Until now, research has indicated that obesity is an especially big problem in low-income populations because they don’t have access to healthy food. But a new study of UK families suggests that just ain’t true, the Australian reports.

The 3,500-person study—one of the largest ever to look at the eating habits of the UK’s poorest families, according to the paper—”found the nutritional value of the food eaten by the poorest 15 per cent in society was little different from the average.” In addition, the research showed,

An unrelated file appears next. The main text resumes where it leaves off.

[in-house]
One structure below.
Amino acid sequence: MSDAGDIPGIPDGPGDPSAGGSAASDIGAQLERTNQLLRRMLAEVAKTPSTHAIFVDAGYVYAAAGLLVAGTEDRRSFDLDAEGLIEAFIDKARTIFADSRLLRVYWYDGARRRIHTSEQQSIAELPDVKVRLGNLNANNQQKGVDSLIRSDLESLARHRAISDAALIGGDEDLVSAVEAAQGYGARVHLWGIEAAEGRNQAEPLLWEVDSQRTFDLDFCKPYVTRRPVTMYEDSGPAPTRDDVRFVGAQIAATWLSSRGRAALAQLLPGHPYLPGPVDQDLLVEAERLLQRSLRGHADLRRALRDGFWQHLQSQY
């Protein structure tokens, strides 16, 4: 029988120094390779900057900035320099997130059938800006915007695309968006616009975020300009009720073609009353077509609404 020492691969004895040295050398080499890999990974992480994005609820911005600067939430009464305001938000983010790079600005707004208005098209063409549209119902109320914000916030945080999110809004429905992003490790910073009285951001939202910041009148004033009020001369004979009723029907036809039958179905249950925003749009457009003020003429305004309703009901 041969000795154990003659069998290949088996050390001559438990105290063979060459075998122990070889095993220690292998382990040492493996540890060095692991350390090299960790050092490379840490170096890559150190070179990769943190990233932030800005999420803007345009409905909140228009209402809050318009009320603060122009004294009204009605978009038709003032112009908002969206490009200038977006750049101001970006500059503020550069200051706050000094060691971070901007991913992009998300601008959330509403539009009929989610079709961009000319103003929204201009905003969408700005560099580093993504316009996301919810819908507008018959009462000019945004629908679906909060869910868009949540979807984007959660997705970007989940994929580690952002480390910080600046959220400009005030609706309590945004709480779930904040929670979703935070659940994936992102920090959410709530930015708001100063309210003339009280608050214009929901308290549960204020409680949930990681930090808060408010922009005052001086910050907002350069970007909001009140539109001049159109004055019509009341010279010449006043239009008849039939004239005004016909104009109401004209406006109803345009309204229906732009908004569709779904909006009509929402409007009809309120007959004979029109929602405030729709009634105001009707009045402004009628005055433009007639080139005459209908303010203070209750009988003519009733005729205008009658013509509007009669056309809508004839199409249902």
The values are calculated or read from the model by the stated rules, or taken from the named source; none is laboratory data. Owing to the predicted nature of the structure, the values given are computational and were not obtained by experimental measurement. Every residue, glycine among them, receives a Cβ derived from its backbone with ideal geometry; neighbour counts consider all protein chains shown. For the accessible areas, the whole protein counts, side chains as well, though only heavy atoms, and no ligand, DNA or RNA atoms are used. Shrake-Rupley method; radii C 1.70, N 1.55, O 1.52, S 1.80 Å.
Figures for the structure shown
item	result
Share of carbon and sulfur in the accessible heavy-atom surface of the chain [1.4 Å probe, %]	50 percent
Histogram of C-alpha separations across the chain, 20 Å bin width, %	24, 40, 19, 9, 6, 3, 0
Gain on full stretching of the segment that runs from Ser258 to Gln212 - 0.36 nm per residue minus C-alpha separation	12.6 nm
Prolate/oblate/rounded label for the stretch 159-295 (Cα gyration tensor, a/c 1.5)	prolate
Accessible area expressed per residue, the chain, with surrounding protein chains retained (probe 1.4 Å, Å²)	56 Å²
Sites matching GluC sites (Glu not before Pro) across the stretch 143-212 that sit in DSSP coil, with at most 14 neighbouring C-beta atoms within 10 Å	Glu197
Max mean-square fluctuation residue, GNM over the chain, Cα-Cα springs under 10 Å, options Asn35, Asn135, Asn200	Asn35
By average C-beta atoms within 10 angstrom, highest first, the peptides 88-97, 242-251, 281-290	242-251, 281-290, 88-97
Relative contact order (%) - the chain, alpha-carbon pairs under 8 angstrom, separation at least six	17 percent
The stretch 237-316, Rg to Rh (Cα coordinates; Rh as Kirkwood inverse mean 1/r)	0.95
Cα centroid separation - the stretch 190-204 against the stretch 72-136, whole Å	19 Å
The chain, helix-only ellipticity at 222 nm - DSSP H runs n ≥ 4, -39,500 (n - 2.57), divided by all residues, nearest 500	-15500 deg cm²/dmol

the rate of obesity, which has often been linked to poverty, was at a similar level among the poor as it is in the general population. The poorest families were consuming similar amounts of saturated fat, but were eating slightly more sugar and slightly less fruit and vegetables.

But if the “average” across the pond is anything like the average American diet (and anecdotal evidence suggests that it is), is it really any good to be eating “slightly more” than boatloads of sugar, and “slightly less” than very few fruits and vegetables? It sounds to me like the poorest families still have it worse.

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